My experiences in building a breathtaking home for as little money as possible.
Sunday, January 23, 2011
8. The Tower of Terror
There will be a sprial staircase leading from the basement to my office above the garage. This will be housed in a concrete-block tower, which will be topped by a cupola. Work on this tower was started soon after the garage floor was poured, while the other floor sections were still under construction.
There was already a hole in the garage floor leading down to the basement, and this tower would just extend that up another 20 feet or so. Blocks were laid in "lifts" consisting of 8 courses each. Each lift took a day, then rebar was added, and the lift was filled with concrete, usually the next morning. Then the next lift was started immediately.
The masonry crew worked quickly, and the blockwork was fairly inexpensive. Of course, unlike Insulated Concrete Forms, the exterior block walls will need a layer of insulation later, and that will add to the expense down the road.
The tower quickly grew to impressive proportions. The doorways and small turret-style windows were framed in with wooden bucks, which will remain permanently.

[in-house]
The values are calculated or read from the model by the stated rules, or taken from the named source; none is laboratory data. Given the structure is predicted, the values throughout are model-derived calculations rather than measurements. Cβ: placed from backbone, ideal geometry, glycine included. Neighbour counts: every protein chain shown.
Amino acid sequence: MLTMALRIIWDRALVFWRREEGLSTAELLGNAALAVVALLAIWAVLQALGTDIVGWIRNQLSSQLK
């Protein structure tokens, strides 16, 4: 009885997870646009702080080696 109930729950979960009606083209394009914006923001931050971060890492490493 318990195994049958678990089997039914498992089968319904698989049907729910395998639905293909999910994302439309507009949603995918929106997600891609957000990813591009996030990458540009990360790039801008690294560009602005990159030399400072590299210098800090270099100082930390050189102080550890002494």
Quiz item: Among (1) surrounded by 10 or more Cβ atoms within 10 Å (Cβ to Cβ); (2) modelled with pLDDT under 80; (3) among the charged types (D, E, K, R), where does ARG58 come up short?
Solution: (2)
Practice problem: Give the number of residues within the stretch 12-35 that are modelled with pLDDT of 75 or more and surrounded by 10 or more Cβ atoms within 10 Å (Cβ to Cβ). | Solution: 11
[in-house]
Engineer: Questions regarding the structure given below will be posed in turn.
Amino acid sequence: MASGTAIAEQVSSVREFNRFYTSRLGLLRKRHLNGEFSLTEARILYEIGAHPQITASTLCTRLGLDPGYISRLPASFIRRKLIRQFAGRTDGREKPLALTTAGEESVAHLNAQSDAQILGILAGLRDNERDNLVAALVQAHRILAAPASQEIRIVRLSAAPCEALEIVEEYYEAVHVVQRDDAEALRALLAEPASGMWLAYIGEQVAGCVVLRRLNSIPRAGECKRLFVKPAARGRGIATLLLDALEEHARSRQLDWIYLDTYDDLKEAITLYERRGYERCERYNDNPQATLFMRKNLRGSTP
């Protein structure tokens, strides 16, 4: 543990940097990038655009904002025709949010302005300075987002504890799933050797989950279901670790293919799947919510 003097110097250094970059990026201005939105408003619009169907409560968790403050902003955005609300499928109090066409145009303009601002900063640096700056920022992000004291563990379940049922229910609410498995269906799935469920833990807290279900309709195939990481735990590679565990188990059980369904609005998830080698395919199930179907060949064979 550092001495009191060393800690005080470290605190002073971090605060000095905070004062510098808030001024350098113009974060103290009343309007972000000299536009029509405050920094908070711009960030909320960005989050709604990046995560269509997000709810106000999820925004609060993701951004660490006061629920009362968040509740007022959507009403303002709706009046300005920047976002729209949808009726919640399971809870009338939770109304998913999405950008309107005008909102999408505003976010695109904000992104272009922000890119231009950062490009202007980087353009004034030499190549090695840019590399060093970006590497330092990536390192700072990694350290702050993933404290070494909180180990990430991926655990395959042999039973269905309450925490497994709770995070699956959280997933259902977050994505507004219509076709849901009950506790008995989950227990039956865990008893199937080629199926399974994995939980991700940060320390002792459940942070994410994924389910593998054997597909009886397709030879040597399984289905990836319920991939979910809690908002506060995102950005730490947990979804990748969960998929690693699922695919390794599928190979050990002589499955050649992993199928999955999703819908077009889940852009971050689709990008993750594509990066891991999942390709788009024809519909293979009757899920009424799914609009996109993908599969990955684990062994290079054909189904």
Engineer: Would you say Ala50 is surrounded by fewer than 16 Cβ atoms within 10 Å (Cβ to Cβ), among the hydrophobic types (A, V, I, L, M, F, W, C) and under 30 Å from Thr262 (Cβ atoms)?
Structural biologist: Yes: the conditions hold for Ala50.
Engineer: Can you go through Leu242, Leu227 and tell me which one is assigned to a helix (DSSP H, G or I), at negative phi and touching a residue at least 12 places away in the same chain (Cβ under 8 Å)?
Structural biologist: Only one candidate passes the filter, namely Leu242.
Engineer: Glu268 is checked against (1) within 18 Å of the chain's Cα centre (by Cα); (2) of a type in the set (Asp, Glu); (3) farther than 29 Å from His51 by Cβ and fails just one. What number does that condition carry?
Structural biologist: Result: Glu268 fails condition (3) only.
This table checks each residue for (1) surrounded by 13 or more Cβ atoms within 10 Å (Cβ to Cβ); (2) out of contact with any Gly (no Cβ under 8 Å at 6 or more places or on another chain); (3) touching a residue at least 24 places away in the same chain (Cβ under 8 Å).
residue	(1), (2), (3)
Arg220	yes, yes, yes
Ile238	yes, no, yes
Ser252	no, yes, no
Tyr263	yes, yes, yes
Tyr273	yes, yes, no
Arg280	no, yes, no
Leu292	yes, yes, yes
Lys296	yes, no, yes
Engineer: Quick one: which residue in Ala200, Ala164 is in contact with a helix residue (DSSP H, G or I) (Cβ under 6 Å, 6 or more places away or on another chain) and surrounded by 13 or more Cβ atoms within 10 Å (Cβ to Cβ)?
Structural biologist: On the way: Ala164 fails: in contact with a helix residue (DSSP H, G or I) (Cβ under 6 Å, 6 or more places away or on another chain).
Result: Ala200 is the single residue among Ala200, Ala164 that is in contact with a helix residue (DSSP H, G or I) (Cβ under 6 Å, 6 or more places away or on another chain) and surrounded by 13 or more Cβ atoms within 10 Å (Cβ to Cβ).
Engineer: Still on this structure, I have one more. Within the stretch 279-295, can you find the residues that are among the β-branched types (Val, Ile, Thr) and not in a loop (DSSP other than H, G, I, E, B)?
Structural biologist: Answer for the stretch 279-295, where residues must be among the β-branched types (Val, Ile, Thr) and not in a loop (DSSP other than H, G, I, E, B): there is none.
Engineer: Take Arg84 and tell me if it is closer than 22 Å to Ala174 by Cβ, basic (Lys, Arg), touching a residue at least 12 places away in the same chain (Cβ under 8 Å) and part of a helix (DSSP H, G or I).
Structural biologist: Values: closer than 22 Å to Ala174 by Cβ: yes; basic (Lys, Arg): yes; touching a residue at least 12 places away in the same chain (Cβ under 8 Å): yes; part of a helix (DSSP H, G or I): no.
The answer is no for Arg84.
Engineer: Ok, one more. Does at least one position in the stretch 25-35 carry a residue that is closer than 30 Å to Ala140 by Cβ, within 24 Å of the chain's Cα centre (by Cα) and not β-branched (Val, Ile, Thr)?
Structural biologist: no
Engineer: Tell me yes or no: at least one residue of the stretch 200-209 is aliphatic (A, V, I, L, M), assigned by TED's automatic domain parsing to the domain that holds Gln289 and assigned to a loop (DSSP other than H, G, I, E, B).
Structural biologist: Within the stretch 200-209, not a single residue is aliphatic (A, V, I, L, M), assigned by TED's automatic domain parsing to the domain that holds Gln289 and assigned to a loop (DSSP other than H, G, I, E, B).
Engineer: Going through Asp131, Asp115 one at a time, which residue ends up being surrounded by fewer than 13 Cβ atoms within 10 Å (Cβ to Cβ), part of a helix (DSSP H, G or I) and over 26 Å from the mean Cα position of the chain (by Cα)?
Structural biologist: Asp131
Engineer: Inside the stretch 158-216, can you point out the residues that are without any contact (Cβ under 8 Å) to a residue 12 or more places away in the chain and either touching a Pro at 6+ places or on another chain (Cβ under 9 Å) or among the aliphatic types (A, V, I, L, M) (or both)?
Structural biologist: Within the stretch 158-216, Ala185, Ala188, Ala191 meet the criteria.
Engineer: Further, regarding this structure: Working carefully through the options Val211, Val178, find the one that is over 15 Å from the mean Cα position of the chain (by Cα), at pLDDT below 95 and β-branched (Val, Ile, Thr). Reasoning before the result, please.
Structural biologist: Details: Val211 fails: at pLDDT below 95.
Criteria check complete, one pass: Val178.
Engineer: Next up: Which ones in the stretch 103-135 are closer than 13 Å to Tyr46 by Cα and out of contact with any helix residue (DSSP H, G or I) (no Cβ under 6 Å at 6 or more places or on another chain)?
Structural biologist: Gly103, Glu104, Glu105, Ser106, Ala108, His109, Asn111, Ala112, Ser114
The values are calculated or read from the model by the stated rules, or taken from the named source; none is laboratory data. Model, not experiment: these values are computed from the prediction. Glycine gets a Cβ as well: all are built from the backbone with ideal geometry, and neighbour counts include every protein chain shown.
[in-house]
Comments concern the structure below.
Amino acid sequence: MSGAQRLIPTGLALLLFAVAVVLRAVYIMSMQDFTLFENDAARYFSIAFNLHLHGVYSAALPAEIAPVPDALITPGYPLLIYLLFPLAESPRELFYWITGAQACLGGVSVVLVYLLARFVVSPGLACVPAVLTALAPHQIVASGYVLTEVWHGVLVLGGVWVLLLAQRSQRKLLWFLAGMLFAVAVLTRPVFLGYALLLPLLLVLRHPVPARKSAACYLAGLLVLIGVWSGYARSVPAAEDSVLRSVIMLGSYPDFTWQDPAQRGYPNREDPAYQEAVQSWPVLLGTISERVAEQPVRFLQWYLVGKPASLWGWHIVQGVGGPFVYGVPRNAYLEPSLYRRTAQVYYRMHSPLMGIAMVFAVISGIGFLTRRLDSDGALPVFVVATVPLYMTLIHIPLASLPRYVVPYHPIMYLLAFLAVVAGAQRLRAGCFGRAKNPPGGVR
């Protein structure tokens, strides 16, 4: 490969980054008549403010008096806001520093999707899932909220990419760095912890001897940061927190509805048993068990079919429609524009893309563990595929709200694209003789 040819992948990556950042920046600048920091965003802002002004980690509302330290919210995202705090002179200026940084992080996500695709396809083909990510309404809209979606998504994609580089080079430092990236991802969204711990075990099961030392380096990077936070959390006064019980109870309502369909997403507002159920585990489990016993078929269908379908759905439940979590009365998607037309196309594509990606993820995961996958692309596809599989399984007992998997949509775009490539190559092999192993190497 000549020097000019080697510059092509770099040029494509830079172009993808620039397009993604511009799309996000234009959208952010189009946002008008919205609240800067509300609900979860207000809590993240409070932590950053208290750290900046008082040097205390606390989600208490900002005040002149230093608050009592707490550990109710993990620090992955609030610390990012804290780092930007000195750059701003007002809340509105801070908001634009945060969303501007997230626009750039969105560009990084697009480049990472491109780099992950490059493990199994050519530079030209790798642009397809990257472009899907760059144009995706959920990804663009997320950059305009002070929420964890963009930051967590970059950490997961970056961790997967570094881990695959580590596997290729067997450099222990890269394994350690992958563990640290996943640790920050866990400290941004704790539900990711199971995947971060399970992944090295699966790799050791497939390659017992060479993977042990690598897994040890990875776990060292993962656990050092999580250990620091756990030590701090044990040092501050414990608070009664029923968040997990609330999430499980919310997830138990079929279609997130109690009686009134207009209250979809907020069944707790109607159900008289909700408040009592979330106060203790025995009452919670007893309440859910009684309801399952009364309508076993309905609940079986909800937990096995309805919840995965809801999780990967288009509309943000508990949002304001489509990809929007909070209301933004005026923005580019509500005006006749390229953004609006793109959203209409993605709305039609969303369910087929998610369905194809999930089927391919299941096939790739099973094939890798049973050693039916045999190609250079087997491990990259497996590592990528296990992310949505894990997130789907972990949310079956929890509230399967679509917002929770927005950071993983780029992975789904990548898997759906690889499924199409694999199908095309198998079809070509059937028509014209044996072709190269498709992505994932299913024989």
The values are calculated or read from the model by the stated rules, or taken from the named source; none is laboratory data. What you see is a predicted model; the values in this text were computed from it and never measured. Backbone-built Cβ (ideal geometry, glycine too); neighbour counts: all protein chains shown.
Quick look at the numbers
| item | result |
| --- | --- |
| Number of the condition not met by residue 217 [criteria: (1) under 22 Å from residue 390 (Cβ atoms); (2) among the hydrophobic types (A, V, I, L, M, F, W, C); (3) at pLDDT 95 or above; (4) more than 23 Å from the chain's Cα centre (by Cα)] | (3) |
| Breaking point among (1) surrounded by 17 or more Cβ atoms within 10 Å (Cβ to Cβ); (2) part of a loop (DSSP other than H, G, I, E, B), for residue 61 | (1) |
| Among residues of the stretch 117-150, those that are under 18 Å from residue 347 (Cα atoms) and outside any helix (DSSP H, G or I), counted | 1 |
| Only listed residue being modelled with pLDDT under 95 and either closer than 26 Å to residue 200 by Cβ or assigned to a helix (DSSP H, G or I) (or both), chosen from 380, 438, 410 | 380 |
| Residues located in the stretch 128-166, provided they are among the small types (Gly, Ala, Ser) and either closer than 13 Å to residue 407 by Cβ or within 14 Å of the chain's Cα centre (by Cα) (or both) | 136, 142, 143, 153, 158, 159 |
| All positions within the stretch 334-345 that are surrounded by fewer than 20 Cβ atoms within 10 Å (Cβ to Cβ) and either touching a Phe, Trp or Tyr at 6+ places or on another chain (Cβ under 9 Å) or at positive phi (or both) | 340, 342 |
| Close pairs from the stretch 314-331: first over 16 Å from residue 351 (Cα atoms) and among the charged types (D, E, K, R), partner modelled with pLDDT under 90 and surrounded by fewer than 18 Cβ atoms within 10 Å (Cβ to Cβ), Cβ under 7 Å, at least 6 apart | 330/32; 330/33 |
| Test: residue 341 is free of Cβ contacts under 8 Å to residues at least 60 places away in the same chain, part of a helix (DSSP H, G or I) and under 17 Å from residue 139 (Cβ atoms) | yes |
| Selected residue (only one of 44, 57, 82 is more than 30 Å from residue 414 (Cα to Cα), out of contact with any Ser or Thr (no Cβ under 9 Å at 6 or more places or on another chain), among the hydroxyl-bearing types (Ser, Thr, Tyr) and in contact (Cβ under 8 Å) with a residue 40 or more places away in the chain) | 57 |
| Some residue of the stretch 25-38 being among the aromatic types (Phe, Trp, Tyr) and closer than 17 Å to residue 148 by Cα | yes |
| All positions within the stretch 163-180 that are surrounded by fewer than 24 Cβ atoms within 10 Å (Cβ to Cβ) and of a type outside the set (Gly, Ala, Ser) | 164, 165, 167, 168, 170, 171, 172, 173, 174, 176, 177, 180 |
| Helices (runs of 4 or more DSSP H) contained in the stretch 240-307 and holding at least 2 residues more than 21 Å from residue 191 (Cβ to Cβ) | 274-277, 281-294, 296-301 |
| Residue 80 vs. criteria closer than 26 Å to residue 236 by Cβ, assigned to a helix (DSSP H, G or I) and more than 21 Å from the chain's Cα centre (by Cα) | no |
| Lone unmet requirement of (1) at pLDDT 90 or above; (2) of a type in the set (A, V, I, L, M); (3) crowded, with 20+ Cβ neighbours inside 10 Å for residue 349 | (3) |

By the time it reached its full height, the scaffolds made the whole thing look more like a missle-launch gantry than a stair well. When the block crew was finished, it was my job to add a platform on top of the structure. This would cap off the tower for now, and form the floor of the cupola later. The workers had neglected to add anchor bolts to the top course of blocks, so I had to climb up there, drill holes, and epoxy the anchor bolts into the blocks. This is when I started referring to it as the Tower of Terror. I don't really have a height phobia, but the top of that tower was a LONG way up, especially when looking down the center of it at the basement floor far below. The scaffolds had all been removed by that time, so it was just me and an 8-inch wide block-edge to balance on.
It seemed like nearly every hole just happened to be over a hidden piece of rebar, and when the drill would catch these it would try to hurl me violently off the tower.
Inside the Tower of Terror, looking up at the underside
of the newly-built floor.
Things got a lot easier when I started to put the actual floor on, and had a bigger place to stand. In addition to the spiral staircase, my daughter has convinced me to install a climbing wall inside the tower. There will be an automatic-belay harness system attached to the ceiling.